Congratulations to Winners of the 2021 Library Research Prize

Later today, the DePaul University Library will celebrate three winners of the 2021 Library Research Prize during the annual First-Year Program Writing Showcase. Congratulations to winners Audrey Dwyer for her essay “Hysterical: Negative Perceptions of Femininity and Media Made for Teenage Girls;” Olga Mourgelas for “Mushrooms, Molly, and Microdosing;” and Ember Sappington for “American Revolution: The Sequel?”.

The Library Research Prize is awarded to First-Year Writing students whose researched essays demonstrate excellence in the application of information literacy skills, including expertise in the discovery, evaluation, and use of information tools and resources. In addition to their essays, students also submitted a research statement that reflects on the use of library research tools, sources, and services at each stage of the research process, emphasizing what was learned.

Librarian judges reviewed each entries’ research statement and essay for evidence of learning through experimentation and exploration at each step of the research process. Here are some of the judges’ comments from the winning entries:

Audrey Dwyer, “Hysterical: Negative Perceptions of Femininity and Media Made for Teenage Girls” (Deborah Weiner, HON 100)

Audrey Dwyer described how she initially thought her essay would be about the Twilight series, but the research revealed many overlapping issues from fandom to sexism to adolescent development. By researching each aspect of her topic separately, Audrey was able to find relevant sources that contributed to her larger thesis. She also discussed striking a balance between peer-reviewed studies, popular magazines, and primary sources like interviews and tweets.

Olga Mourgelas, “Mushrooms, Molly, and Microdosing” (Michael Raleigh, HON 100)

Olga Mourgelas demonstrated flexibility and persistence in developing her topic. Since her research was closely tied to current events, Olga didn’t find many sources at first but realized that examining the topic from other perspectives would yield much better results. She also reflected on her process of carefully evaluating a variety of sources from academic journal articles to website interviews.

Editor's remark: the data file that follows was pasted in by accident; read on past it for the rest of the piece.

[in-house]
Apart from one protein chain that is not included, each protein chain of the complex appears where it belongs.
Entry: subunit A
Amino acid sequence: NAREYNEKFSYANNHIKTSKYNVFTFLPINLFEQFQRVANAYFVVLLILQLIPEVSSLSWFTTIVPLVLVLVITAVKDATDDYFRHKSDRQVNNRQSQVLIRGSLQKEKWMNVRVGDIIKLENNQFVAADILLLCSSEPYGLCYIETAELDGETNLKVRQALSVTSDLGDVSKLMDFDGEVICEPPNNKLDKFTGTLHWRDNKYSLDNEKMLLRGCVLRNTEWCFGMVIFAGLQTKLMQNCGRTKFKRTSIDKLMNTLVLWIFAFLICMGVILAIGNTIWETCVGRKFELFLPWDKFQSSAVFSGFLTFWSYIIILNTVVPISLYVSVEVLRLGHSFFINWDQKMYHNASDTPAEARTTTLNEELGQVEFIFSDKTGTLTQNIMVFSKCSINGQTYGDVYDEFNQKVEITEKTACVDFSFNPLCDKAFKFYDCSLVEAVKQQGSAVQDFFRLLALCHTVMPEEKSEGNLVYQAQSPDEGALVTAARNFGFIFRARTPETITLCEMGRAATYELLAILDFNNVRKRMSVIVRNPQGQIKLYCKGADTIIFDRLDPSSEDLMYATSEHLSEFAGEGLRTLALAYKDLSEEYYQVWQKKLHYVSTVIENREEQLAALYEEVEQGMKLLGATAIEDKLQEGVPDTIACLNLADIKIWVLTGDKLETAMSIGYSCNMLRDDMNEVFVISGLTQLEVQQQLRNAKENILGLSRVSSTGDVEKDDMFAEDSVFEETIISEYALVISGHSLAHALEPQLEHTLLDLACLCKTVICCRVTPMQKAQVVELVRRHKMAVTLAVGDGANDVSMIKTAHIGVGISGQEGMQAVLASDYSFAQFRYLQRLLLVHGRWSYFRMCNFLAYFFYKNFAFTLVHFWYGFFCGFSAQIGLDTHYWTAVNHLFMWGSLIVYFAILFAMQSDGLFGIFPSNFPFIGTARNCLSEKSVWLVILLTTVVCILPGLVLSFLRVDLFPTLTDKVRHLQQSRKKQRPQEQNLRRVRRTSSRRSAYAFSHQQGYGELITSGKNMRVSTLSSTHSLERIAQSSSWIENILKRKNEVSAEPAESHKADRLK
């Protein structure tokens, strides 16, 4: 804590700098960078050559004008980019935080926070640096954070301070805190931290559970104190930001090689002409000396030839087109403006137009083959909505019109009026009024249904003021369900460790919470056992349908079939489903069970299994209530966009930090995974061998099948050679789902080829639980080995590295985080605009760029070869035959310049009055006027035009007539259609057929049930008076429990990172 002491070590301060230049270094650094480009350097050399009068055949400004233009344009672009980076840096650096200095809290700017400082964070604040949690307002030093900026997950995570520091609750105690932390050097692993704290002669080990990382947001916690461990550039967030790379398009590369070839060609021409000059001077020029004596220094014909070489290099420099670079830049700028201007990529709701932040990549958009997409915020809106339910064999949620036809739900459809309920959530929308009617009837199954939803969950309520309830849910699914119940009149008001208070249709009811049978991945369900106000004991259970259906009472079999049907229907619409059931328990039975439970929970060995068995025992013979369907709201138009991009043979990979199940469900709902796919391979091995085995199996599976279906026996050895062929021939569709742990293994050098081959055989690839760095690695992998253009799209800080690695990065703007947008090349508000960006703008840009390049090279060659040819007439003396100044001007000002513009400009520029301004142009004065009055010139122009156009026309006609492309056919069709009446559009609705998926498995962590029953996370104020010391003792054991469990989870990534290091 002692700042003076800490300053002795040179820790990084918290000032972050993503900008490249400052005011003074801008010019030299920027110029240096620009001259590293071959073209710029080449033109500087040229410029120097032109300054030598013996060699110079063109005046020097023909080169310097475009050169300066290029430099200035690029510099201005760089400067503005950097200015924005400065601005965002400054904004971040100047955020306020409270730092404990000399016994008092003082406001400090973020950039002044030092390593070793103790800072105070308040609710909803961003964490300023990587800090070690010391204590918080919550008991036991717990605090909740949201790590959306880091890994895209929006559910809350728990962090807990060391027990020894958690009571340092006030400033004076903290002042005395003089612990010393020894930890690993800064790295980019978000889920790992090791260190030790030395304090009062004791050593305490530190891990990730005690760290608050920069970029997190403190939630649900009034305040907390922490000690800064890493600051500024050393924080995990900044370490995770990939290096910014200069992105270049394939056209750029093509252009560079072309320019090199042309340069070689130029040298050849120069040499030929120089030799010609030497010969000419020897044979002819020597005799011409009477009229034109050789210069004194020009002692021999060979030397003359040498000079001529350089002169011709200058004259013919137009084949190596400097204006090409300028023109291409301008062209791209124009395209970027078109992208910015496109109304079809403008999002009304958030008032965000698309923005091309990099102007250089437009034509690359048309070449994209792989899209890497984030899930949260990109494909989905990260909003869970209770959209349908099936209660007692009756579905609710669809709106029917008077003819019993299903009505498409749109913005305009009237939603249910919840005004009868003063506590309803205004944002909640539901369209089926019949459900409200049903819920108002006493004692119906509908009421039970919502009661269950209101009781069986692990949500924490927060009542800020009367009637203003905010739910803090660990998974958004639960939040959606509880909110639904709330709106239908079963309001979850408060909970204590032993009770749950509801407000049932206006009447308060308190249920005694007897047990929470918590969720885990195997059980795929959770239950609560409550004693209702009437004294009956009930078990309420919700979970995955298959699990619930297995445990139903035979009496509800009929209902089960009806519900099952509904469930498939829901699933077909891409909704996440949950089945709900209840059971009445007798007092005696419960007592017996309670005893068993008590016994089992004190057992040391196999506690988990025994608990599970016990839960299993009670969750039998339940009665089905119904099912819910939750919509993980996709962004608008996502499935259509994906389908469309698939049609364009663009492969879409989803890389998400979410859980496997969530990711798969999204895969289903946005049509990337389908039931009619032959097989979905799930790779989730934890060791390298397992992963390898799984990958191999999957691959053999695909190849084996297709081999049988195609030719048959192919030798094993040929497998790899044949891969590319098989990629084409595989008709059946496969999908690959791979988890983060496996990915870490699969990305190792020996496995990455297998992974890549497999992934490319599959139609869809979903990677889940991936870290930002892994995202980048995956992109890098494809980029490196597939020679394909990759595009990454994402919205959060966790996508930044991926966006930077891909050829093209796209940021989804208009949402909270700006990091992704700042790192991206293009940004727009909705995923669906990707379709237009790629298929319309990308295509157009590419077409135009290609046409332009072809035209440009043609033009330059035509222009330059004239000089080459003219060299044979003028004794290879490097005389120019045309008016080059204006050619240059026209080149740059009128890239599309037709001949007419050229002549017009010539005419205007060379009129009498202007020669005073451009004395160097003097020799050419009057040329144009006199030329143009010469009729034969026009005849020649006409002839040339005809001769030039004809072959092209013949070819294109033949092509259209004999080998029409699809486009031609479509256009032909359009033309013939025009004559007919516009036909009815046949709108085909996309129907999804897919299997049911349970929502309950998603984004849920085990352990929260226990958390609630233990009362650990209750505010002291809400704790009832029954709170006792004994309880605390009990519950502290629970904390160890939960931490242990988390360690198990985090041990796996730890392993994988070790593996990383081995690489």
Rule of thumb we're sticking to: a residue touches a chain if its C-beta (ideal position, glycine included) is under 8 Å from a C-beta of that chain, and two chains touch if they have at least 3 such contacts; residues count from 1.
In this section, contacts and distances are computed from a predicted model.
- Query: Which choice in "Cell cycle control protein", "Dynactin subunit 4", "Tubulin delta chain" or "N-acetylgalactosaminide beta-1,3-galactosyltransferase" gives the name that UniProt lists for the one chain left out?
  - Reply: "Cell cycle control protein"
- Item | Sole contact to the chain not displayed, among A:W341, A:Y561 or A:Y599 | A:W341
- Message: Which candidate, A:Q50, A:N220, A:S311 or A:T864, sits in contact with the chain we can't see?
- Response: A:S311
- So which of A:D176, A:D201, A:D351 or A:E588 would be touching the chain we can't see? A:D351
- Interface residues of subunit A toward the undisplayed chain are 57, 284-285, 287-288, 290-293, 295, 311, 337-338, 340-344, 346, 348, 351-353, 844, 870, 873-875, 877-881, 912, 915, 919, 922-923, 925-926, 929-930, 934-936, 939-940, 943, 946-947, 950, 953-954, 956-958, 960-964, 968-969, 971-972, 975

Ember Sappington, “American Revolution: The Sequel?” (Michael Raleigh, HON 100)

Ember Sappington explained that her research journey started in the history databases but ultimately found greater success in the sociology discipline. Recognizing the interdisciplinary nature of her topic helped Ember select appropriate databases and find the sources she needed to support her thesis. She also described mining relevant sources for new keywords and search terms that helped keep her research going in the right direction.

Congratulations to Audrey, Olga and Ember on their exemplary use of information literacy skills in researching their essays! Along with other honorees of the Writing Showcase, each winner created a poster to accompany their writing project. The entire DePaul community is invited to view their posters and the awards ceremony today at 4pm. All three winners of the Library Research Prize will receive a certificate and a $50 honorarium.

A record number of eligible entries were submitted for the Library Research Prize this year, and the Library wishes to thank each author for taking the time to share the lessons they learned through the research process. Many thanks also to the faculty and staff of DePaul University’s First-Year Writing Program, especially to Erin Workman, Director of First-Year Writing, and Victoria Hohenzy, Assistant Director of First-Year Writing, for making this research-writing collaboration possible!

If you would like to learn more about the Library Research Prize for First-Year Writing or the library’s instructional program for first-year students, please contact Firouzeh Rismiller, Instructional Services Librarian.

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